Thursday, August 14, 2008

Planetary mid life crisis

Last post, I mentioned how the current IAU definition of a planet causes many of the classical planets to only attain planethood late in the solar system’s history. Saying that a planet has to clear its neighborhood implies that a planet has only one neighborhood. Interpreting this law in the context of planetary migration is tricky.

For example, an abbreviated timescale is shown below.



The red area to the left is the 30-50 million year time that it took the terrestrial planets to form. As is shown, moon rocks can be found that are only slightly younger than this. The orange band is the age of the Late Heavy bombardment, which created the large lunar impact basins. This is hypothesized to have been caused by Neptune and Uranus changing their orbits. Neptune, in particular, would have ended up in a new neighborhood, and had to clear it, scattering stuff all over the solar system.

Under the IAU definition, it is unclear if Neptune ceased to be a planet during that time, and if so, when it regained planethood. Similarly, if the objects were scattered into the path of other planets (which seems to be the case), did they also lose planetary status for this period?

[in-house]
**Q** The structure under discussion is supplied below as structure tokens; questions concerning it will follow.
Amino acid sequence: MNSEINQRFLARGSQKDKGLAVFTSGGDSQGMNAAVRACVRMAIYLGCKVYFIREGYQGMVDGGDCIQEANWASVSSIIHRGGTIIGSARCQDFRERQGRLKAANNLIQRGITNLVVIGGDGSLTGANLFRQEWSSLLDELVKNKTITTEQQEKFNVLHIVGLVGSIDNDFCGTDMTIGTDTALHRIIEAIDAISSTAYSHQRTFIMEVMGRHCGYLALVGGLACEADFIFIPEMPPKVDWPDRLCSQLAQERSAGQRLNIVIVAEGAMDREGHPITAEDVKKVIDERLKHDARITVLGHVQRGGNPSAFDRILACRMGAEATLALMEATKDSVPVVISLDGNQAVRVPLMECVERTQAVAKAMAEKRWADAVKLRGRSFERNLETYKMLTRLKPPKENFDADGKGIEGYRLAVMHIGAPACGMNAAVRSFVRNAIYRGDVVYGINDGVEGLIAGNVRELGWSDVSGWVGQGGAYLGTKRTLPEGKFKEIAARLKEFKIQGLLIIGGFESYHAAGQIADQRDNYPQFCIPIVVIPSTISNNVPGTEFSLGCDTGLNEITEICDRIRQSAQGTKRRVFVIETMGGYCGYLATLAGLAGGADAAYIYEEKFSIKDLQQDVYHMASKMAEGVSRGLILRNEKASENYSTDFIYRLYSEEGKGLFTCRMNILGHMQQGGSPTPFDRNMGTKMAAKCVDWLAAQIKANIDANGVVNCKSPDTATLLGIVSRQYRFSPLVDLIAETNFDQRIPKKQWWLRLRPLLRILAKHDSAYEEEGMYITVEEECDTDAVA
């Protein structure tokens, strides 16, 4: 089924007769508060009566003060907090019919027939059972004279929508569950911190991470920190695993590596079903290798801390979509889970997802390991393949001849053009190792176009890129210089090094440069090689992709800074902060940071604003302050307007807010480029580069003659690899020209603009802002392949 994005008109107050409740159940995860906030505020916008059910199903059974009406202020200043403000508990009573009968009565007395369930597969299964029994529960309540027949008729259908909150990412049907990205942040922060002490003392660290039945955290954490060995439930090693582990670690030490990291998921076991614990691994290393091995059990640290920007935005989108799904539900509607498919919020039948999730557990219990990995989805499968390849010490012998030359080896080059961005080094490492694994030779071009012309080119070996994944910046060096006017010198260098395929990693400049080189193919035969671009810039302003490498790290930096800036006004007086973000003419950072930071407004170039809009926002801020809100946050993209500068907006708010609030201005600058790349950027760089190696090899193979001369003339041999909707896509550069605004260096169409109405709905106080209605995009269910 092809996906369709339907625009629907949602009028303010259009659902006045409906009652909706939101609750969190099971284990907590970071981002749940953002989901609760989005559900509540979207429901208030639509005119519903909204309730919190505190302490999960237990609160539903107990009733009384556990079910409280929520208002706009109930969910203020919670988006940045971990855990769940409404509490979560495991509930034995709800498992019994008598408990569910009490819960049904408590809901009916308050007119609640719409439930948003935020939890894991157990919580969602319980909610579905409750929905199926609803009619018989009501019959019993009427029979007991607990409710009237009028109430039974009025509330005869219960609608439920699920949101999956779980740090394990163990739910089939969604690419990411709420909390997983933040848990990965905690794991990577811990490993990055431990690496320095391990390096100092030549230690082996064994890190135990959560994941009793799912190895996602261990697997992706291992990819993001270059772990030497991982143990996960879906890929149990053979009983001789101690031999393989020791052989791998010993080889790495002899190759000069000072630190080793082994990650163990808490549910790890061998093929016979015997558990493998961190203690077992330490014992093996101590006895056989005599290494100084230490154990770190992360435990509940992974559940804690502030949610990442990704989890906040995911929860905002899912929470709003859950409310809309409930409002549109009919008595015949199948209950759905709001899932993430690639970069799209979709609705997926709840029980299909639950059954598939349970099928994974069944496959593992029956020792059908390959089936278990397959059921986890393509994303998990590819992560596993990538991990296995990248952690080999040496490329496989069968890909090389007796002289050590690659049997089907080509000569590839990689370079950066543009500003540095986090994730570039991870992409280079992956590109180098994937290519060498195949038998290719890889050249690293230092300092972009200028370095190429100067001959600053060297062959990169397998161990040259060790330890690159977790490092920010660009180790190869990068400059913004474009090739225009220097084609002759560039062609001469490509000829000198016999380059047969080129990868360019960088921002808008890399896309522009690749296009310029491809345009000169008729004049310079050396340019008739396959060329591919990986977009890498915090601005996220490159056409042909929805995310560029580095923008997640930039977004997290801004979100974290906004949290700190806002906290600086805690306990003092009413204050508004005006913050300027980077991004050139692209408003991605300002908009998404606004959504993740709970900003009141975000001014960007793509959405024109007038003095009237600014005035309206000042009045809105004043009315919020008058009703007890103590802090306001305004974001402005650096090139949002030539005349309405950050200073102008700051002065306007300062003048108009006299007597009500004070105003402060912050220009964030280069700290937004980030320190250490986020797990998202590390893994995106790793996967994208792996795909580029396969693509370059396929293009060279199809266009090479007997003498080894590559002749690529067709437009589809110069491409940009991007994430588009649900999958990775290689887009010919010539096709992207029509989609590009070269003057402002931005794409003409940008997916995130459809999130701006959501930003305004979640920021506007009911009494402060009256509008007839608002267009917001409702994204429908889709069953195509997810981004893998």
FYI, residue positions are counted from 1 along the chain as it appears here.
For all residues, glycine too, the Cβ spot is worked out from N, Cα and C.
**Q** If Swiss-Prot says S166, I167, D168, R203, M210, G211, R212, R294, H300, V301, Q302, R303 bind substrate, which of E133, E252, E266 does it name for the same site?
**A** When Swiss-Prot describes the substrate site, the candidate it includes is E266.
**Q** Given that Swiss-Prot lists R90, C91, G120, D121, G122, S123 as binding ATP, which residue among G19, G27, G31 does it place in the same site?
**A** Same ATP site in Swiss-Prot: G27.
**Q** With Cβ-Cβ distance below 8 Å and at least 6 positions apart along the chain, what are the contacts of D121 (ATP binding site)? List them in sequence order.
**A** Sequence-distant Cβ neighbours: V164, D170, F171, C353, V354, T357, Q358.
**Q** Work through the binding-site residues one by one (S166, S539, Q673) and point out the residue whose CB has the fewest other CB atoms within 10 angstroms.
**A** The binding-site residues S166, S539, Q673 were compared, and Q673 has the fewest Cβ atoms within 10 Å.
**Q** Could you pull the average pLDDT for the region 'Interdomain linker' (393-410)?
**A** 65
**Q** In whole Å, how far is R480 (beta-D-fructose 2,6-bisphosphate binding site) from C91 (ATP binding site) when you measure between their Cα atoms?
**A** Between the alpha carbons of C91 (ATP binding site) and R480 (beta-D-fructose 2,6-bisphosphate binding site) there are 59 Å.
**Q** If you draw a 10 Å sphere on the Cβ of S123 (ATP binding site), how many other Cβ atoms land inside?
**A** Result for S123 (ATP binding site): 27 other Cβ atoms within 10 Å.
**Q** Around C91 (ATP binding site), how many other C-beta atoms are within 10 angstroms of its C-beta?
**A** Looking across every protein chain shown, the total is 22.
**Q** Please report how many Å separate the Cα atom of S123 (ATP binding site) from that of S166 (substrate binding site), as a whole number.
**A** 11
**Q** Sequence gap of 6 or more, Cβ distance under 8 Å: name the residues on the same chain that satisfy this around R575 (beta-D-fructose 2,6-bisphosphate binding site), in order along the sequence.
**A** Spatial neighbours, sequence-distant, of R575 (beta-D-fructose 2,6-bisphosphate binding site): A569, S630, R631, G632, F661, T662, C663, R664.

Many exoplanets show even more extreme examples of planetary migration. So if we want a consistent definition for all systems, it is unclear how this will apply.

Note that in the time scale above, the LHB happens long after the planets are formed. Planetary processes were well and truly underway on all terrestrial planets at the time of this bombardment, and to suddenly toss in a period of non-planetness makes no sense whatsoever.

1 comment:

ChrisPhoenix said...

Waitaminnit. Pluto crosses Neptune's orbit, no? Doesn't that mean that Neptune hasn't completely cleared its orbit? And thus Neptune isn't a planet?

I know I must be oversimplifying or misinterpreting something about the rule. But to the disadvantages of the new definition, you can add the fact that one intelligent person reading another intelligent person's description of the rule can ask such a silly question.

Chris